Nearly a year after the St. Joseph Center and volunteers searched throughout the streets and beach of Venice to identify homeless persons who are the most at risk of dying on the street, some individuals are now living in housing and more are on their way.

The St. Joseph Center, a Venice-based social service organization, provided this update to its Venice Chronic Homeless Intervention Project during a presentation April 20th to the Venice Neighborhood Council, which supported the effort last year.

When St. Joseph Center staff and volunteers conducted a homeless survey over three consecutive nights in May 2009, 220 people were found to be sleeping outside during that time, 98 of whom are considered medically vulnerable. These chronically homeless individuals may have been living on the streets for years, sometimes decades at a time, and face a variety of struggles, which are factors that can contribute to their risk of dying on the street.

Those found to have the most severe health risks are prioritized for housing and other support.

St. Joseph Center Executive Director Va Lecia Adams called the service registry effort a “huge undertaking” but noted that it did not take into account those living in their vehicles on Venice streets. Through its initiative, the social service agency has since engaged 40 of the 98 most vulnerable homeless to work with them on moving into scattered site housing, where they can have access to needed services.

The goal of the program is to house 25 of the chronically homeless in the first year and 15 in the second year. Julie DeRose, director of homeless services for St. Joseph Center, noted that since team members first identified the most vulnerable through the survey interview and have begun to work with them, the program has moved ahead quite well.

“I think it’s making some really good progress. The individuals we’ve engaged have been receptive to housing and I think it’s been well responded to by some of the most vulnerable clients.”

Under the program, six people have been placed into alternate housing and two have been moved into permanent supportive housing. The scattered site housing is subsidized through Section 8 vouchers received through the Housing Authority of Los Angeles.

Currently, applications for housing have been filed for ten other clients, including seven who have received shelter and care certificates from the Housing Authority, DeRose said. Three additional individuals have been connected with the West Los Angeles Department of Veteran Affairs to receive a Veterans Affairs Supportive Housing (VASH) voucher, she said.

St. Joseph Center staff have utilized a team approach when working with the clients and they’ve found that many of them are willing to engage in some services that they may not have wanted to before, such as taking regular medication, she said.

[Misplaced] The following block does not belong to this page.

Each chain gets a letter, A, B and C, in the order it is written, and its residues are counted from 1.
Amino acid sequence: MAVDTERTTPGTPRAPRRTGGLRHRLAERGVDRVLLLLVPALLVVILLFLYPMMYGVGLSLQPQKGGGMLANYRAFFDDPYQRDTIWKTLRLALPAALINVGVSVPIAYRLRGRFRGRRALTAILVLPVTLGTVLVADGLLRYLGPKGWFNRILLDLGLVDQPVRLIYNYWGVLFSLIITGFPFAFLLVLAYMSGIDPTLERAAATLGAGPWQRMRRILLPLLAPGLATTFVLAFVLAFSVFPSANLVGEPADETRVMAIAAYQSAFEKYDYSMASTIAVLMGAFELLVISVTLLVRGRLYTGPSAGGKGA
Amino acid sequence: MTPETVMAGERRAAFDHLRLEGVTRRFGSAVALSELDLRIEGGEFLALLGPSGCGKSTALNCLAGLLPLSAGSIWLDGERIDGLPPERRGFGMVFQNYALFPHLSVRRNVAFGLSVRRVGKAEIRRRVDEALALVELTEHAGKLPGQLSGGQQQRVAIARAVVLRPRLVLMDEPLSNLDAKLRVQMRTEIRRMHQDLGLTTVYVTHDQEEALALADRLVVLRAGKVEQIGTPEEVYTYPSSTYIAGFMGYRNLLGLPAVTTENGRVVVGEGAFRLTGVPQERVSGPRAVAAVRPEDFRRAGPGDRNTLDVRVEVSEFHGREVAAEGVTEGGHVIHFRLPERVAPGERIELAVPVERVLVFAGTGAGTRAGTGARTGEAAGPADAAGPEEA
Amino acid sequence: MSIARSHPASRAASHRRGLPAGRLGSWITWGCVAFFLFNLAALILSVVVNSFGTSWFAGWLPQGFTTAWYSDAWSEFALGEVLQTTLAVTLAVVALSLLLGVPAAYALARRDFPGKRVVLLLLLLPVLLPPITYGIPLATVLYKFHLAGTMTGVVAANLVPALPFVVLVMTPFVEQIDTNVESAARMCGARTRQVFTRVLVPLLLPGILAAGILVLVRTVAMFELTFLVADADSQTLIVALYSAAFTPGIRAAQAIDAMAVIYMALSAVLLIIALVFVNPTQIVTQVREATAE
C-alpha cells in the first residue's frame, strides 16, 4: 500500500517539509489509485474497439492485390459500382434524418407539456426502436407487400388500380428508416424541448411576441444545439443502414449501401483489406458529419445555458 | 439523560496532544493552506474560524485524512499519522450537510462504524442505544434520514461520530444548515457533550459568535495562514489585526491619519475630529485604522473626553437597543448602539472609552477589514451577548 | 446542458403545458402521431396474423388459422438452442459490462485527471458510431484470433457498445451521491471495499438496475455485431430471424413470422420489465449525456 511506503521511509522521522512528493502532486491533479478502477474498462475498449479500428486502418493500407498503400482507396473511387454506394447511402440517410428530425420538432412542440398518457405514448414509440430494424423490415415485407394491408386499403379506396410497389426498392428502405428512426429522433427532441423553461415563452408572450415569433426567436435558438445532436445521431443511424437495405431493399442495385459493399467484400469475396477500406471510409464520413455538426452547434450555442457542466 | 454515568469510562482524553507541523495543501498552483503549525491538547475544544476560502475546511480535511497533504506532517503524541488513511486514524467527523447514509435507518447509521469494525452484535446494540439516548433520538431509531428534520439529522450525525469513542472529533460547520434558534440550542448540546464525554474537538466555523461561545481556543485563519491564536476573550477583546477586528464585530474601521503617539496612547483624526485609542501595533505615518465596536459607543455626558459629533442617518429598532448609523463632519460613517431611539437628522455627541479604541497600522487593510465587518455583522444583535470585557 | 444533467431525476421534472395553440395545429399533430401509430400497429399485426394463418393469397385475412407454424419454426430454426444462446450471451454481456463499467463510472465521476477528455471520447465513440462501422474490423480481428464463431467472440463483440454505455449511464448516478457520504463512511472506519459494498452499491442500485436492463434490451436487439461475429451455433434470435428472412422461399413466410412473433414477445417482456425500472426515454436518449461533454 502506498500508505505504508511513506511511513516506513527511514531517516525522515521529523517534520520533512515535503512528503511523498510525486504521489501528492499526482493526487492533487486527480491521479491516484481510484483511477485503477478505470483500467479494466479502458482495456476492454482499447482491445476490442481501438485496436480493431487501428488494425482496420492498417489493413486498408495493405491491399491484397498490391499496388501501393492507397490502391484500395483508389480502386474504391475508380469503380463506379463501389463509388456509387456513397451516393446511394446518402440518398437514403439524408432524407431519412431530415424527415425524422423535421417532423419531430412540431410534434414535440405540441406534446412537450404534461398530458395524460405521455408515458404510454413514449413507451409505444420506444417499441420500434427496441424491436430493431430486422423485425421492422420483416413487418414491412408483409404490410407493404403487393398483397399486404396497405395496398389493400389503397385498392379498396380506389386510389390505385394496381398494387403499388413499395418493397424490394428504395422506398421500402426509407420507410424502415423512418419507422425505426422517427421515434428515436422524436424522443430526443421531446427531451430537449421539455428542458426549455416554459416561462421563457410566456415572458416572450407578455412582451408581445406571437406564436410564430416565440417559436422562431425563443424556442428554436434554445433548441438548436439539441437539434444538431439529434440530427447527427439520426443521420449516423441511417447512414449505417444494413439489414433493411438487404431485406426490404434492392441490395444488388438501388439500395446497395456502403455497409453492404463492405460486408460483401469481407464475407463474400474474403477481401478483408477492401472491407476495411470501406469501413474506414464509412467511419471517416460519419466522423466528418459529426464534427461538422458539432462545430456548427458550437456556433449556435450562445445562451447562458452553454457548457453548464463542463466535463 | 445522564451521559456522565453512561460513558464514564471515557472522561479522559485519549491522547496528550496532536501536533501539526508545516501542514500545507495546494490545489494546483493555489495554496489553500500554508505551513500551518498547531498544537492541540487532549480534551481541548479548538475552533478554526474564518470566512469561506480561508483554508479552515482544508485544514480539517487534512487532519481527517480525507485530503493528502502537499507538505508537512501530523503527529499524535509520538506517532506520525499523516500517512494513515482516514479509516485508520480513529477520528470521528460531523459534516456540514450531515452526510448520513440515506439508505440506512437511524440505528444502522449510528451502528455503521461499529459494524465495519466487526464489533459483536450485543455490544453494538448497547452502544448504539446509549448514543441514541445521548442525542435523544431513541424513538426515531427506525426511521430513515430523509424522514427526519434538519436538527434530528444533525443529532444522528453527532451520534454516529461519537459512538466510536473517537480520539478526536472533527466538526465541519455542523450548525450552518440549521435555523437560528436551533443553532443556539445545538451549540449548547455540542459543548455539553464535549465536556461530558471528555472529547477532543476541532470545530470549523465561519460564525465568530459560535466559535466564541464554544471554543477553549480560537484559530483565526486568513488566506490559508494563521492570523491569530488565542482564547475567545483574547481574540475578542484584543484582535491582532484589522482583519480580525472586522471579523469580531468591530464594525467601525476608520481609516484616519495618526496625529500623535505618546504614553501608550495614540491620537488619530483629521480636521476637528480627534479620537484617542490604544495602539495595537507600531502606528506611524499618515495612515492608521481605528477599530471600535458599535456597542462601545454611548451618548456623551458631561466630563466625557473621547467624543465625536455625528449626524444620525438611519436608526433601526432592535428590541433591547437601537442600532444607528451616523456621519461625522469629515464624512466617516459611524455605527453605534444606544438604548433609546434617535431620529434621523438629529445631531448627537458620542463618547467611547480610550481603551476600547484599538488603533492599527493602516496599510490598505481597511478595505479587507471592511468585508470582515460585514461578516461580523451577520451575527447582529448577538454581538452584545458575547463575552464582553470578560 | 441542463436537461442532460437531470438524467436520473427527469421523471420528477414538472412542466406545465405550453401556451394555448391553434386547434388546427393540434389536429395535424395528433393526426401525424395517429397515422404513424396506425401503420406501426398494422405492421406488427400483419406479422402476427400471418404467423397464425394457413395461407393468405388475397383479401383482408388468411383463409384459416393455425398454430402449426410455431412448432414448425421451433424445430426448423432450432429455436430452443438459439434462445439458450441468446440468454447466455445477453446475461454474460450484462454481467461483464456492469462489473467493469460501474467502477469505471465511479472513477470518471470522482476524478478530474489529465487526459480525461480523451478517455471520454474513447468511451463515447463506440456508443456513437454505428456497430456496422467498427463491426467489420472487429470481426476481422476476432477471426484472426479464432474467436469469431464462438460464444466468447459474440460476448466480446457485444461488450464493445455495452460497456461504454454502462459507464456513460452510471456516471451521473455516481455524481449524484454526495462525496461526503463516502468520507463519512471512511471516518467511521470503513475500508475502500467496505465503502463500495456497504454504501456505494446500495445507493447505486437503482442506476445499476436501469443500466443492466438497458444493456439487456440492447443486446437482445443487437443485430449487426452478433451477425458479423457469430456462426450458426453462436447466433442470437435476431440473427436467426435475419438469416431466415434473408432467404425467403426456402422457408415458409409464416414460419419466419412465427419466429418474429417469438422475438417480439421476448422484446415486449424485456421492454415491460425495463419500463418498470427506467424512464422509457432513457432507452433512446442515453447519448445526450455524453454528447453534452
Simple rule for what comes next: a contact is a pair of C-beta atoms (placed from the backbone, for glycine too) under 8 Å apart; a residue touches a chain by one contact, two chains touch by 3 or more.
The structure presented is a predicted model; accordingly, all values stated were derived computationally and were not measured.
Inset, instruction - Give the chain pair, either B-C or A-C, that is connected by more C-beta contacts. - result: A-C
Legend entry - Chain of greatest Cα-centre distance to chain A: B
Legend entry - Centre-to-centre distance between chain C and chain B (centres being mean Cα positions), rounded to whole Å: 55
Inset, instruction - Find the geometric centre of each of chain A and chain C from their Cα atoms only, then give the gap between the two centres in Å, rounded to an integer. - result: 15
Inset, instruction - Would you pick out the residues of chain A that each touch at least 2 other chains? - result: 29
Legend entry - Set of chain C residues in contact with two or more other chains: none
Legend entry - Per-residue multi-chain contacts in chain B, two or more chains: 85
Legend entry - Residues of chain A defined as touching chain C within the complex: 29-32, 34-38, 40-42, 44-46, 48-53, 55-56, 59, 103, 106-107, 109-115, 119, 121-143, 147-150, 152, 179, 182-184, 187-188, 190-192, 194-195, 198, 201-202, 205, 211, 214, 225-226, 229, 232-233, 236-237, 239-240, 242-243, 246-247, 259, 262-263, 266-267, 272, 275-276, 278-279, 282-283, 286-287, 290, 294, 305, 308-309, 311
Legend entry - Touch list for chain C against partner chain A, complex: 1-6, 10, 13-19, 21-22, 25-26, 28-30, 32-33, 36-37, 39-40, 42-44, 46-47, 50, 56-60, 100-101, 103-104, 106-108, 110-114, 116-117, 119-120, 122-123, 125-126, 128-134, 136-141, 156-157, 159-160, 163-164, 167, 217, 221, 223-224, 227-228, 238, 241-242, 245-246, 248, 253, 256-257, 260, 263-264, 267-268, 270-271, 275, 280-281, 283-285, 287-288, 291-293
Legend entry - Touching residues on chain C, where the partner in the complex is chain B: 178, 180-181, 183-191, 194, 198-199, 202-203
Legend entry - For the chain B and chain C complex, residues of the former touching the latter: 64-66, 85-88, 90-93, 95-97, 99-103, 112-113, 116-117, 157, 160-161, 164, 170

“We’ve used a team approach to engage these clients as assertively as we can,” DeRose said.

The team members, which include case managers and mental health professionals, have worked to establish relationships quickly by trying to provide immediate resolutions to problems and helping move the clients out of crisis. The program implementation process involves applying cognitive-behavioral techniques and connecting the clients to substance abuse services.

The person who was determined to be the most vulnerable individual based on the survey is currently living in a board and care facility, and while he initially had a difficult time adjusting, he has been stable in the housing since December, according to St. Joseph. The man’s health has also significantly improved and he has not returned to the emergency room for medical services.

The St. Joseph Center has partnered on the project with Common Ground New York, which has helped conduct vulnerability index surveys of the homeless in 14 areas across the U.S., including Santa Monica and Los Angeles’ Skid Row.

The project has received over $700,000 in funding from Los Angeles County Supervisor Zev Yaroslavsky’s office over two years to pay for supportive services. Yaroslavky’s office helped initiate a similar program with “Project 50” at Skid Row, and along with efforts in Venice and Santa Monica, the county is working toward housing 500 of the most vulnerable homeless, the supervisor has said.

Adams said the work of Yaroslavsky’s office in collaborating with service agencies and other departments to help get the chronically homeless of the streets has been tremendous.

“The work they did to pull various departments together and bring about a sense of collaborationÖis just an amazing model,” she said.